Typhoon Bopha hits Philippines - one month on
Merlin is providing medical care to over 50,000 people affected by Typhoon Bopha which devastated the southern Philippine island of Mindanao on 4th December 2012.
The most powerful storm to hit the Philippines this year, and the worst to ever hit the south of the country, Typhoon Bopha claimed over 1,000 lives and left over 100,000 homeless.
After facing the destruction, floods and landslides caused by the typhoon, communities in Davao and Caraga – particularly children, the elderly and pregnant women – are now in desperate need of healthcare.
Over 330 clinics, which are relied on by an estimated 1.1 million people (including at least 163,000 children under five) have been damaged. Nearly 40% of these are no longer functional and those which are still open are struggling to cope with demand, and severely lack personnel, drugs and equipment.
Where Merlin is working, most clinics have been completely destroyed and doctors and nurses themselves affected.
We are jumpstarting health services by providing consultations, vaccinations, prenatal and postnatal care. We are also screening children for malnutrition and providing nutrition supplements, conscious that the risk of malnutrition is high when livelihoods are lost.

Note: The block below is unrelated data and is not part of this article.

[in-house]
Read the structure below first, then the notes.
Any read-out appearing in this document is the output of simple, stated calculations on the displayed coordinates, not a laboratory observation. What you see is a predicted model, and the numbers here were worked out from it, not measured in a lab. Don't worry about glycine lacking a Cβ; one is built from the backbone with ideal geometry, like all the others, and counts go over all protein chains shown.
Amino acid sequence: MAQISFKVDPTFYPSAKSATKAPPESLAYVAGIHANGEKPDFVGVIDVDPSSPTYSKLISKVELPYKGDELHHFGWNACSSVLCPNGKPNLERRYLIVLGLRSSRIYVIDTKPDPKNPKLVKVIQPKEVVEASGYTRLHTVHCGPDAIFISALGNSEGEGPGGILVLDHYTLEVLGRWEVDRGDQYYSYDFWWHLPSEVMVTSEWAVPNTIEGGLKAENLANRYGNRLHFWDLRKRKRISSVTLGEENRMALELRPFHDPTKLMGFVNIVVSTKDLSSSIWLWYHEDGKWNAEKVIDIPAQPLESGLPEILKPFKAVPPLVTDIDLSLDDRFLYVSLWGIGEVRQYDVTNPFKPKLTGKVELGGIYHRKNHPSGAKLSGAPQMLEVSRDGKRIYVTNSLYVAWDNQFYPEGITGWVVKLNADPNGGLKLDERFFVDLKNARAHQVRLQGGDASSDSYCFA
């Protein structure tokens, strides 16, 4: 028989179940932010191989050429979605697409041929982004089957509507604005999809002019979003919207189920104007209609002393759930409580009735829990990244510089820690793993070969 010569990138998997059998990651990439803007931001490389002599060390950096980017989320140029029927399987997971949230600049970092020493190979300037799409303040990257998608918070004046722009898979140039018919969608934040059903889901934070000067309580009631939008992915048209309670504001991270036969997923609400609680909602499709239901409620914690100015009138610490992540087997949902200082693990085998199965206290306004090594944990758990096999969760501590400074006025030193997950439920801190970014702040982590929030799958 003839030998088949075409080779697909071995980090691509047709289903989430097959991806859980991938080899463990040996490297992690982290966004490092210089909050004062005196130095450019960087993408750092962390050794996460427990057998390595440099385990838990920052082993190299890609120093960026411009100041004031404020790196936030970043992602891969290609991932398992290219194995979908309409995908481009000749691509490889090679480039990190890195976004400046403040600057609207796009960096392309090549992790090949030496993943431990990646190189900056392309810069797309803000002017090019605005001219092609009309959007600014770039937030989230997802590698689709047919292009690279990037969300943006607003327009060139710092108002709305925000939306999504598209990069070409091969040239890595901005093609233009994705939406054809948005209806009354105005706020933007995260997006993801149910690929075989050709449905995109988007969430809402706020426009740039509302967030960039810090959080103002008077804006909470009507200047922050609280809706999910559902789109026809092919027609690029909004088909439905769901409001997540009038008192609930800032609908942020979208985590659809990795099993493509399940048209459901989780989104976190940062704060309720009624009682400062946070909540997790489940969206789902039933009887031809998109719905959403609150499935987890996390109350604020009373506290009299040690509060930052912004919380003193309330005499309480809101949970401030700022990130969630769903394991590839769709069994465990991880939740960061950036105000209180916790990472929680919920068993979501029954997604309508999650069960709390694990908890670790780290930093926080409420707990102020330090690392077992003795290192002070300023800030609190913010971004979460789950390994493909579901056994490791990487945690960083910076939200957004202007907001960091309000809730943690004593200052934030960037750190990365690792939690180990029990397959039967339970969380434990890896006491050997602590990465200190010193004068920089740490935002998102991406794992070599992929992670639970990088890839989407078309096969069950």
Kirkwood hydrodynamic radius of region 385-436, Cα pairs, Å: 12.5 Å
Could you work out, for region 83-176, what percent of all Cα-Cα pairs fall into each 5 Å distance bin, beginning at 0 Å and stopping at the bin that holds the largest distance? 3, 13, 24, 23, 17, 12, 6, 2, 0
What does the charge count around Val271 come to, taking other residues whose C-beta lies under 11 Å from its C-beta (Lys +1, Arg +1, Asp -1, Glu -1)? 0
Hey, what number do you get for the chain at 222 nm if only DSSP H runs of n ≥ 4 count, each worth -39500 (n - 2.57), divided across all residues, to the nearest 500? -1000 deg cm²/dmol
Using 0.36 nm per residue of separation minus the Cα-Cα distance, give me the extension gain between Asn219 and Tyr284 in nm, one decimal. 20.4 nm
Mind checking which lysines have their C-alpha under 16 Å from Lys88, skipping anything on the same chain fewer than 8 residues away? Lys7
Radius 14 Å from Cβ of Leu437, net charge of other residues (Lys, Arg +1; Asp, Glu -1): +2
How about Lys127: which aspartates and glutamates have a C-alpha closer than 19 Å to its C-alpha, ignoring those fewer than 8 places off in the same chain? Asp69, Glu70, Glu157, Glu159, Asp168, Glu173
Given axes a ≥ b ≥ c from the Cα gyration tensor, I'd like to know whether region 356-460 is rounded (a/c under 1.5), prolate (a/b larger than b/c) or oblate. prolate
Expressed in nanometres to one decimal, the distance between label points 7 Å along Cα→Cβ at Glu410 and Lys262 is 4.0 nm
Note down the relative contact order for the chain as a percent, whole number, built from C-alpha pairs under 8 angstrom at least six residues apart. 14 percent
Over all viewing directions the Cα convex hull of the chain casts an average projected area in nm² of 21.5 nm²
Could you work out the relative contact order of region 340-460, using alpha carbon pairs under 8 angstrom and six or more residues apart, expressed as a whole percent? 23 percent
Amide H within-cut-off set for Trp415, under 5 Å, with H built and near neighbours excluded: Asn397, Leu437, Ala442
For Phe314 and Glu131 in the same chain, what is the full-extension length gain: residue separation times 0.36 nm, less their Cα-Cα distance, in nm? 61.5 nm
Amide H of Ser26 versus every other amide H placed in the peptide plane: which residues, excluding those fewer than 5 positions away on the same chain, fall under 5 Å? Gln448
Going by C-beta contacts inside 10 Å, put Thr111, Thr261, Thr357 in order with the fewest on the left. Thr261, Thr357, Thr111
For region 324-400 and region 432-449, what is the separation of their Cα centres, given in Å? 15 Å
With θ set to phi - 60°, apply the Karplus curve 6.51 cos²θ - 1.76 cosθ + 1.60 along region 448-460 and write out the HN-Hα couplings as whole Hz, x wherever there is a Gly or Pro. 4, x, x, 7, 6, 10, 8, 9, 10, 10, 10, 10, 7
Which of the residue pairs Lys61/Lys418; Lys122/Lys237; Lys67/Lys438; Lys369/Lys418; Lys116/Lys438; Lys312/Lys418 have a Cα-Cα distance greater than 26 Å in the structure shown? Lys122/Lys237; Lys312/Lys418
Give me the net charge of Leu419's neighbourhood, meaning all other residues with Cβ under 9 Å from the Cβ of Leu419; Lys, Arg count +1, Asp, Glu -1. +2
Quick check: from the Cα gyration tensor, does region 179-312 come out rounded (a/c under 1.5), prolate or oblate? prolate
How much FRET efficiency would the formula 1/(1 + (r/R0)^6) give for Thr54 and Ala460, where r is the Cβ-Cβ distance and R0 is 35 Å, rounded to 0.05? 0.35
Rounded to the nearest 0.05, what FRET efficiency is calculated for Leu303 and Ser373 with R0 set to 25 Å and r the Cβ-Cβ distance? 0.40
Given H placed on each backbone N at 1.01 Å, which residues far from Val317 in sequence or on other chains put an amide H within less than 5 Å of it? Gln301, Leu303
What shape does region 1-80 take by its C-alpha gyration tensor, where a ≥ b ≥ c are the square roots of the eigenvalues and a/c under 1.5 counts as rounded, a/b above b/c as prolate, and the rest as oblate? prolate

To help get the health system back on its feet for the long term, we are repairing and equipping clinics.
This is vital because with so many people displaced, we expect health problems to continue to grow, already having seen an increase in respiratory infections, skin diseases and diarrhoea.
Merlin has been saving lives in the Philippines since 2009, whether it’s been providing women in Manila’s slums with contraception or emergency relief to typhoon and flood victims.
“To ensure an comprehensive response to the needs of the affected population Merlin has joined hands with other humanitarian actors and is part of a consortium of 6 INGOs (ACF-Spain, Care, Save the Children, Plan International and Merlin). The consortium is funded by the European Union Directorate General for Humanitarian and Aid and Civil Protection – ECHO)”